Compared with more traditional marketing channels, social media is a two-way street. Being active on social media is about more than just posting content – it’s about engaging with your audience in an authentic way. This means responding to their comments, producing more of the type of content they’re engaging with, and creating a genuine relationship with followers.
Depending on the number of social channels you post to and the number of followers your brand has, you may want to use a social media engagement tool to manage your social mentions and messages.
4. Understand your analytics.
As with any form of marketing, it’s essential that you understand how your social media marketing is performing. Is it delivering the outcomes you identified in step one above, and are you consistently growing your reach, followers and mentions?
Again, there are social media analytics tools (from basic to advanced) to help you with tracking your social metrics – the Victorian Business Government website has a helpful guide to choosing the right monitoring and measurement tools for your business.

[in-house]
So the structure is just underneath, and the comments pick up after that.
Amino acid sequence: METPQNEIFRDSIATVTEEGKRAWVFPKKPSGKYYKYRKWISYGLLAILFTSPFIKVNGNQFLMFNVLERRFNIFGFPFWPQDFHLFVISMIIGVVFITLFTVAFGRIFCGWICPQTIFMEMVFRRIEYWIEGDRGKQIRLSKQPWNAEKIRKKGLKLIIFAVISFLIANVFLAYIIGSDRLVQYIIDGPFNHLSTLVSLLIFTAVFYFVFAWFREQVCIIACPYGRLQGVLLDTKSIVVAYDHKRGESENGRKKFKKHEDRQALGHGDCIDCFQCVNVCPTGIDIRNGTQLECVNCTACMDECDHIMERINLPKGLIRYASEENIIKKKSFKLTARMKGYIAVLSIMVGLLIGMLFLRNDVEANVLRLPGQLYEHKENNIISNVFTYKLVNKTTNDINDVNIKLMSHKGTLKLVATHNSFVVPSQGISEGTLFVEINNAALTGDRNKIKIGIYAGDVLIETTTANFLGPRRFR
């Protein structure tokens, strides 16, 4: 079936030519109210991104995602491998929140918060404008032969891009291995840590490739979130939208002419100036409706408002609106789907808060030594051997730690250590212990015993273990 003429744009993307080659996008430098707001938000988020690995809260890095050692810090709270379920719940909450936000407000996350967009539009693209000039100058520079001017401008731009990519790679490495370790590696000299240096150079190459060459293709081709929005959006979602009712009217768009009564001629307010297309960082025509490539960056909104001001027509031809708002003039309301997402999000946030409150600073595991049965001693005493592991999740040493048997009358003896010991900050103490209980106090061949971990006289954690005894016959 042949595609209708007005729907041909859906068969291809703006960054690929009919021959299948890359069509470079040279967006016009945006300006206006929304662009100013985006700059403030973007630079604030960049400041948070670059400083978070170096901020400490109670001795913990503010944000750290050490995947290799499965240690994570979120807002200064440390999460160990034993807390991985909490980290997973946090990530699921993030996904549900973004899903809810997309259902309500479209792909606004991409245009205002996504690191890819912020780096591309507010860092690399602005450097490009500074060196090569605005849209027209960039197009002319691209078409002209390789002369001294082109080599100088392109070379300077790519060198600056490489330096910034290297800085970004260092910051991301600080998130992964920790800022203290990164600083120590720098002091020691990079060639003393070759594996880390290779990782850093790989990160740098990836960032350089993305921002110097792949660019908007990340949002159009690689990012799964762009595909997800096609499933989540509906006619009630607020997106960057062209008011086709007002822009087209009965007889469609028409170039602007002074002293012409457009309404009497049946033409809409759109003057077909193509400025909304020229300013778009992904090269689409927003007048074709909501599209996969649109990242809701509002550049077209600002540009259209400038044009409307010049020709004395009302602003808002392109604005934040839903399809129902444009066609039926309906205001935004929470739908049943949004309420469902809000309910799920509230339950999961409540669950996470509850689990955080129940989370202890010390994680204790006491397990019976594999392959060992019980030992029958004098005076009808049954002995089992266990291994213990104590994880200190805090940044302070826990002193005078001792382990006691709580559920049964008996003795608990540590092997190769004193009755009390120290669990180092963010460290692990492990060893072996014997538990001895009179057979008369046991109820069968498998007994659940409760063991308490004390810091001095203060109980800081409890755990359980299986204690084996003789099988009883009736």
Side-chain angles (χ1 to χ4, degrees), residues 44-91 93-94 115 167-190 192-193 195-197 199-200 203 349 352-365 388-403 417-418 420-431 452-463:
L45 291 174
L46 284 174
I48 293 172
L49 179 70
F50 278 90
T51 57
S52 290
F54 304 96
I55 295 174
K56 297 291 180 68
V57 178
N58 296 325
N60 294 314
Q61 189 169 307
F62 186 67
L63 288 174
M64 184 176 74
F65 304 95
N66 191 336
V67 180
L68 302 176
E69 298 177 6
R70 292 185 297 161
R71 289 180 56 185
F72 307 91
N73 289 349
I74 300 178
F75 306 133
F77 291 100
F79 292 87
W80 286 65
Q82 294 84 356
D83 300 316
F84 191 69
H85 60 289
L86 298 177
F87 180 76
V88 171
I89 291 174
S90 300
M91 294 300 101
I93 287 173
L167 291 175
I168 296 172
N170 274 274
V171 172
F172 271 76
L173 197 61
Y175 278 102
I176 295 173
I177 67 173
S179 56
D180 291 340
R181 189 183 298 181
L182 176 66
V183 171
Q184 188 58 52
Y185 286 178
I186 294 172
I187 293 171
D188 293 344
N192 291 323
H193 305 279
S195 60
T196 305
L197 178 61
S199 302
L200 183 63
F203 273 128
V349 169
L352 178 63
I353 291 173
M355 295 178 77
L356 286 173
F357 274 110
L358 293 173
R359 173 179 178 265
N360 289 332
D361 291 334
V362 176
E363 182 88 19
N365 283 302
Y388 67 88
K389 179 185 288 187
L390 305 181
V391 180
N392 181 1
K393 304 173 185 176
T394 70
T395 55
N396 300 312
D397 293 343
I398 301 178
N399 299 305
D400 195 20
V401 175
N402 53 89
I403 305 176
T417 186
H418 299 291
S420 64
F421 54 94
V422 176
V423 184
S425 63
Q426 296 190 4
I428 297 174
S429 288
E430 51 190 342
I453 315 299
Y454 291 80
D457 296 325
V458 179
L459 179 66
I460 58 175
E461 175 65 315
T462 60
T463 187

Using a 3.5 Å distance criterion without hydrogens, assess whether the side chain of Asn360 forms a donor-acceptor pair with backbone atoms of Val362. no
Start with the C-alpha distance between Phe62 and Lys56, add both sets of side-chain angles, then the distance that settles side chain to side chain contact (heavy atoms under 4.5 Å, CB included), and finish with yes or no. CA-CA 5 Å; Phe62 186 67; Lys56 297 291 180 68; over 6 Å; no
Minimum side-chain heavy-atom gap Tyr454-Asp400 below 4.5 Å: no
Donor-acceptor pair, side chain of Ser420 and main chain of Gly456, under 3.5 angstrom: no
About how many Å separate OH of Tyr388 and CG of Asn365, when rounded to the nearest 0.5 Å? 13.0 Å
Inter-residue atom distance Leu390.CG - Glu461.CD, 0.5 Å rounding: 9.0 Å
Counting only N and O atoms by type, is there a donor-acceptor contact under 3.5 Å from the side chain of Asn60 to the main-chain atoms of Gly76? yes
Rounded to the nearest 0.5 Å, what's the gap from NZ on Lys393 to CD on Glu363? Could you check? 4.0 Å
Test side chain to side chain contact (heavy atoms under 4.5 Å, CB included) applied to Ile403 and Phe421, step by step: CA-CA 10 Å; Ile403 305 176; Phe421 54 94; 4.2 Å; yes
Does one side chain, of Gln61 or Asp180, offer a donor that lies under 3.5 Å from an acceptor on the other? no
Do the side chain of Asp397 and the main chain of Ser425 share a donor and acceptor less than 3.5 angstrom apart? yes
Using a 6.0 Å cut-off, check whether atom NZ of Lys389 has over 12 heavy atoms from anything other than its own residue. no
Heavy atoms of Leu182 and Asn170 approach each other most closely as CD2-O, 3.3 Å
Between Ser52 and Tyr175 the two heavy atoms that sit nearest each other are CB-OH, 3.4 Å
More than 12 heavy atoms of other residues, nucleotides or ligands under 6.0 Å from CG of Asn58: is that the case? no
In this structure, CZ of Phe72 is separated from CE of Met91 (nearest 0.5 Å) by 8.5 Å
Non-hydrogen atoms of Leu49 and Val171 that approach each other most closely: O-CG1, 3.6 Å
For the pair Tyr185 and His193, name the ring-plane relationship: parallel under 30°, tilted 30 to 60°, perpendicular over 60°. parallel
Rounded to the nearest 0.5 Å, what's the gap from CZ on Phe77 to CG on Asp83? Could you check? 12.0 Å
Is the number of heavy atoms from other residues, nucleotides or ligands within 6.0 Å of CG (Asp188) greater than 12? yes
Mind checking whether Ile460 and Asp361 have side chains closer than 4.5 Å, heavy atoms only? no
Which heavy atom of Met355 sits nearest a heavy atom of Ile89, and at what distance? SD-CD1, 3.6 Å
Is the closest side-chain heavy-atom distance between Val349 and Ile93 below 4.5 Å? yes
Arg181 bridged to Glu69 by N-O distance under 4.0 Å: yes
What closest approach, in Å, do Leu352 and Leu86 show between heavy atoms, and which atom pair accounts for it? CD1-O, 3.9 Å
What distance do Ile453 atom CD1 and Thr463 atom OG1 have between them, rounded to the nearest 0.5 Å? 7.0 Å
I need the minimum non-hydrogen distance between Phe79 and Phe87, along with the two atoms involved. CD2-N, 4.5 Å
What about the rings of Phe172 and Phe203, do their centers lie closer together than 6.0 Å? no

How to implement a social media marketing strategy
Whether you’re starting from scratch or looking to take a more strategic approach to your social media efforts, you should have a documented social media strategy. Follow these steps to pull one together.
1. Audit your current social media presence.
Assess where you’re at today on social channels. Which networks do you use, which are delivering the most engagement and value, and how do your profiles compare to your competitors? This is a good opportunity to check that your social profiles are complete and include professional photo and cover images, optimised bios and links to your website.
2. Document your target customer.
Can you articulate who your ideal customer is? How old are they? Are they male or female? Single? With kids? Metro or rural? Get specific about the audience you’re marketing to so your messages have the best chance of resonating.
3. Identify what social success looks like.
It’s easy to fixate on the number of followers or mentions your brand receives. While these are useful metrics, unless they’re contributing to your bottom line, they might not be adding much value to your business. Keep track of whether your social efforts are resulting in a larger customer base and more website traffic and sales.
4. Create engaging content.
It can be tempting to skip straight to this step, but a social profile without a strategy and content calendar will lack consistency, cohesiveness and a strong brand voice. Have a look at what competitors are posting for content inspiration. If you’re stuck for ideas, our blog, ‘How small businesses can use social media to grow’, has some great thought starters.
5. Measure and optimise your social performance.
It may take you a while to establish the type of posts that resonate with your audience and translate to sales. Track your results and update your social strategy and content calendar regularly to reflect the style of content that’s delivering results.